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National Bank Of Rwanda Maintains Central Bank Rate (CBR) At 4.5%

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The statutory quarterly Monetary Policy Committee (MPC) meeting held on 18th February
2021 reviewed the outcome of its previous decisions, and assessed the recent economic
developments and the outlook at the global and national level.

Considering that inflation is projected to evolve below the medium-term benchmark of 5 percent in 2021, and acknowledging the need to support the economic recovery, the MPC decided to maintain an
accommodative monetary policy stance by keeping the CBR at 4.5 percent to continue supporting the financing of the economy by banks.

The Global economy projected to recover from the contraction:

According to estimates published by IMF in January 2021, the global economy contracted by
3.5 percent in 2020, owing to negative impact of COVID-19. In 2021, the global economy is
projected to recover and grow by 5.5 percent. However, the strength of the recovery is
expected to be uneven and unequal across countries depending on factors like; access to the
COVID-19 vaccine, the effectiveness of policy support, exposure to cross-country spillovers,
and preexisting economic conditions.

The Domestic economy expected to recover from the negative impact of COVID-19:

Rwanda’s real GDP contracted by 4.1 percent in the first three quarters of 2020 compared to
an growth of 8.3 percent registered in the corresponding period of 2019. However, the second
half of 2020 recorded a gradual recovery, on the back of supportive policy measures and
easing COVID-19 containment measures.

This recovery is evidenced by the rising trend of the real Composite Index of Economic Activities (CIEA), which increased by 9.4 percent in the second half of 2020 from a contraction of 2.1 percent recorded in the first half of 2020. This domestic economic recovery is expected to continue in 2021, supported by policy interventions to revive business activities, despite the uncertainty around COVID-19 and its
containment measures. The roll-out of the COVID-19 vaccine globally and in the country will
also enhance private-sector optimism, hence stimulating the recovery in economic activities.

CBR transmission to market rates continues to improve:

The continuing NBR accommodative monetary policy stance has contributed to a further
reduction in market interest rates. Money market rates were steered around the central bank
rate, in the symmetric corridor of +1 percent, with the interbank rate dropping by 11 basis
points to 5.35 percent in 2020.

During the same period, the average lending rate reduced by 14 basis points to 16.35 percent,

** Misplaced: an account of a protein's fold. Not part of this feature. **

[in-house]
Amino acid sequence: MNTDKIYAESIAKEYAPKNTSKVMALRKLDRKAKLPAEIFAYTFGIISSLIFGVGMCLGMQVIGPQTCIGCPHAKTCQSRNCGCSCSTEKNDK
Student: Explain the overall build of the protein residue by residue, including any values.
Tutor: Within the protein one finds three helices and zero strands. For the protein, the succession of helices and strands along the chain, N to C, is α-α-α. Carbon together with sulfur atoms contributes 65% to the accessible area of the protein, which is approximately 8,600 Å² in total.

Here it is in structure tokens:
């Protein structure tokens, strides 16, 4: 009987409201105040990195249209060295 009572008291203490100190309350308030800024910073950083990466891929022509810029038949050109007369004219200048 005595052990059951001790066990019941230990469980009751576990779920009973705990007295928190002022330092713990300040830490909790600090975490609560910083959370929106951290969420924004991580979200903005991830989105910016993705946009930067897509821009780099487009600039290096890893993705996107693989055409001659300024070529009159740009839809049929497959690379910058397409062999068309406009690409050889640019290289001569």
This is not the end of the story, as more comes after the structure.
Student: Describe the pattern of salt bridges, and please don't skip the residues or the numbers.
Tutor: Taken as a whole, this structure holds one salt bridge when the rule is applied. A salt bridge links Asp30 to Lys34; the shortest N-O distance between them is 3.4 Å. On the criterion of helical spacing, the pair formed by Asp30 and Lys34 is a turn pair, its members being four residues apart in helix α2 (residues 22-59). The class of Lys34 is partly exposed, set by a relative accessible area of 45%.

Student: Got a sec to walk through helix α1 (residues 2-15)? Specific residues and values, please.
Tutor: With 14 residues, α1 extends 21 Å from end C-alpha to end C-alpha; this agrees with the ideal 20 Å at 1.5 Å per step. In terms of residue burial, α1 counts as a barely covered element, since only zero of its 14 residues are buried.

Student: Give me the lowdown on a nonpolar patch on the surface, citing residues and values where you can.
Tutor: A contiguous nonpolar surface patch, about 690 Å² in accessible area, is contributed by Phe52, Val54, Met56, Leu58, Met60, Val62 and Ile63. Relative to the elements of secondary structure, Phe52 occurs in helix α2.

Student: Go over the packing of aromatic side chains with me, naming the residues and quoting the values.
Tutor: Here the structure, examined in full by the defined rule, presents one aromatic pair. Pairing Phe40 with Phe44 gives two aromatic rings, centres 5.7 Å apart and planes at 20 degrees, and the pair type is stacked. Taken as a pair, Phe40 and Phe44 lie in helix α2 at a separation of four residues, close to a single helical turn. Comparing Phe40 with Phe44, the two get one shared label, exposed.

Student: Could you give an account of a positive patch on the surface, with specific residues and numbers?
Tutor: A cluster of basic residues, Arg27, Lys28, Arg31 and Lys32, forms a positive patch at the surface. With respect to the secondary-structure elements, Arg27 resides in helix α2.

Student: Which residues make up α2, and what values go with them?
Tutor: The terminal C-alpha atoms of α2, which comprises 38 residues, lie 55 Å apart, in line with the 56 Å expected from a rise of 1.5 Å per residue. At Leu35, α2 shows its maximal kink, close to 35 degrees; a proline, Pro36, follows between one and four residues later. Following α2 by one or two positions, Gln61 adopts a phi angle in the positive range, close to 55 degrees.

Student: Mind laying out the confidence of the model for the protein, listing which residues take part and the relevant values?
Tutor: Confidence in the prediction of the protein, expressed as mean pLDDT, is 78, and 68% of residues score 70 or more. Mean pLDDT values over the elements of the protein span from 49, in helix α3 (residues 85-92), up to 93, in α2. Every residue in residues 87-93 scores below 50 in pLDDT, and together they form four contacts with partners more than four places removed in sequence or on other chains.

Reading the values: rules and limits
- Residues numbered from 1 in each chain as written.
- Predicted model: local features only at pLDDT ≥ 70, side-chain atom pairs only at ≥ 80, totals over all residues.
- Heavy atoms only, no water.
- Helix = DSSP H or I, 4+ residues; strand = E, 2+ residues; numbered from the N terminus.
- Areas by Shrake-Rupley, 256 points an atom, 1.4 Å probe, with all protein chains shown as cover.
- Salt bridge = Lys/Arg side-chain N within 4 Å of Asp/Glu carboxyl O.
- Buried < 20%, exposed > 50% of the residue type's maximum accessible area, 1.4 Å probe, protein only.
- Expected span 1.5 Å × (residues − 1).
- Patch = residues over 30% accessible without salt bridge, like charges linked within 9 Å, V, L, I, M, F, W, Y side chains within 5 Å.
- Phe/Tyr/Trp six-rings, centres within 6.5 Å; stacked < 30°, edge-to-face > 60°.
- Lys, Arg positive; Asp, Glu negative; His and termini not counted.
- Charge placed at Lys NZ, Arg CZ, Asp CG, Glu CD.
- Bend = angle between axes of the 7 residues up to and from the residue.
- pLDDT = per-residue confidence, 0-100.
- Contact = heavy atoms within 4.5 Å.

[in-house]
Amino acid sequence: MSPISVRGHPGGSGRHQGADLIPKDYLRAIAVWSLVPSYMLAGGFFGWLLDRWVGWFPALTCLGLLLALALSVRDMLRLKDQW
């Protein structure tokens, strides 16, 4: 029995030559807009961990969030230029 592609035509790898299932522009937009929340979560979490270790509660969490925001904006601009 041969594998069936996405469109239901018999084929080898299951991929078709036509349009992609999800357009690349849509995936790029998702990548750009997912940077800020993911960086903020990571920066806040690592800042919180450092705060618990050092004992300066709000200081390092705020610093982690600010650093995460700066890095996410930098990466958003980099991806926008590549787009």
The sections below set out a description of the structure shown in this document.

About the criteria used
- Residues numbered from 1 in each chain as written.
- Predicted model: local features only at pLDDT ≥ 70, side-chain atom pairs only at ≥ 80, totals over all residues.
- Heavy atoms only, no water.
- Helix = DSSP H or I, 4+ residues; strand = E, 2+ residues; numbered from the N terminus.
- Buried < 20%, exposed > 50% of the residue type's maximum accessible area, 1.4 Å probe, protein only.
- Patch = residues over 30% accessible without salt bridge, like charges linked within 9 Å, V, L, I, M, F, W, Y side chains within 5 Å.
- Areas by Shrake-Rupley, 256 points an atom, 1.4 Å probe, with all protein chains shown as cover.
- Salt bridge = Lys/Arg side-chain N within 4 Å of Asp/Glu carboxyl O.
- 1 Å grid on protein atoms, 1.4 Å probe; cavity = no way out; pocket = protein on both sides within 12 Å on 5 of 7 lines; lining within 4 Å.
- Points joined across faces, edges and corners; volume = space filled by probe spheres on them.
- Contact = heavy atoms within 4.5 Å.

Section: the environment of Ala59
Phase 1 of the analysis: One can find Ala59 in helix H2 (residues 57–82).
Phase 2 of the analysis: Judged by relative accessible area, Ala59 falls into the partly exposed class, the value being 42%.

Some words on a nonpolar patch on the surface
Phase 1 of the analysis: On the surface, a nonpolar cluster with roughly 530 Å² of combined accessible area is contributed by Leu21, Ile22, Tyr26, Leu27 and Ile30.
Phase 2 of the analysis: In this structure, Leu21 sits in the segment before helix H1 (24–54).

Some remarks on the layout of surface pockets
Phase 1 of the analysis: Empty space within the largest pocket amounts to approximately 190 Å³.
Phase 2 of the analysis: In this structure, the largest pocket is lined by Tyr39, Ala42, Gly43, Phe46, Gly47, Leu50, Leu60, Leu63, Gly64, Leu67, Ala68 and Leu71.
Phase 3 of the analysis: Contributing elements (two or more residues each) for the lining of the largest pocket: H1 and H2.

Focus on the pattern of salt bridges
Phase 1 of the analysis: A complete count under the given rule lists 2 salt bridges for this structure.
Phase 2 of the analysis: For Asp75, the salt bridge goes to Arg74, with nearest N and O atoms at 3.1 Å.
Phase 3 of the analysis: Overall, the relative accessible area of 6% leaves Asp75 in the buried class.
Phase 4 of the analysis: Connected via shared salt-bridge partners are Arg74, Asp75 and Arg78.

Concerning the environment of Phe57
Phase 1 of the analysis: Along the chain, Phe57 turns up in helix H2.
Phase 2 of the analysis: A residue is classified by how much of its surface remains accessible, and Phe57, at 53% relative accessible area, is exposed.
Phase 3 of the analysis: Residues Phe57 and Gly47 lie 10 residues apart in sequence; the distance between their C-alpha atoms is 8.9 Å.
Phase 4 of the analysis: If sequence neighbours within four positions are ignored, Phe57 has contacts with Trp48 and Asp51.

which is favorable to continue supporting the economic recovery.

Monetary aggregates remained resilient to the impact of COVID-19:

The monetary sector remained resilient in 2020, owing to supportive policy measures, amid
subdued demand for loans by the private sector during the lockdown. Broad money (M3)
grew by 18.0 percent in 2020 compared to 15.4 percent recorded in 2019, supported by the
increase in the outstanding Credit to the Private Sector (CPS), which grew by 21.8 percent
from 12.6 percent the previous year. The expansion in CPS was essentially driven by the
restructuring of loans granted to borrowers whose activities have been negatively affected
by the pandemic, and new authorized credit disbursed in 2020.

Foreign exchange market remains stable:

As of December 2020, the FRW had depreciated by 5.4 percent y-o-y against the USD, from
a depreciation of 4.9 percent in December 2019. Pressures on the Rwandan franc came
during the second half of the year, following the resumption of economic activities and the
increase in the demand for foreign currencies amid lower foreign inflows. However, the
foreign exchange market is expected to remain stable, with adequate foreign exchange
reserves held by NBR covering 5.9 months of imports as of December 2020.

Headline inflation projected to remain low in 2021:

As initially projected, headline inflation dropped to 5.0 percent in 202004 from 9.0 percent
recorded in 202003. This decline reflects a significant drop in core inflation, following the
downward revision of public transport fares in October 2020, and a deceleration in prices of
fresh food products reflecting favorable agricultural production in season A/2021.

In 2021, headline inflation is projected to evolve around the lower bound of 2.0 percent owing to
subdued inflationary pressures. Risks that may divert the headline inflation from the
projected baseline path include the performance of agriculture in seasons B and C 2021.

The MPC will continue to closely monitor domestic and global economic conditions and
stands ready to take appropriate measures if and when necessary.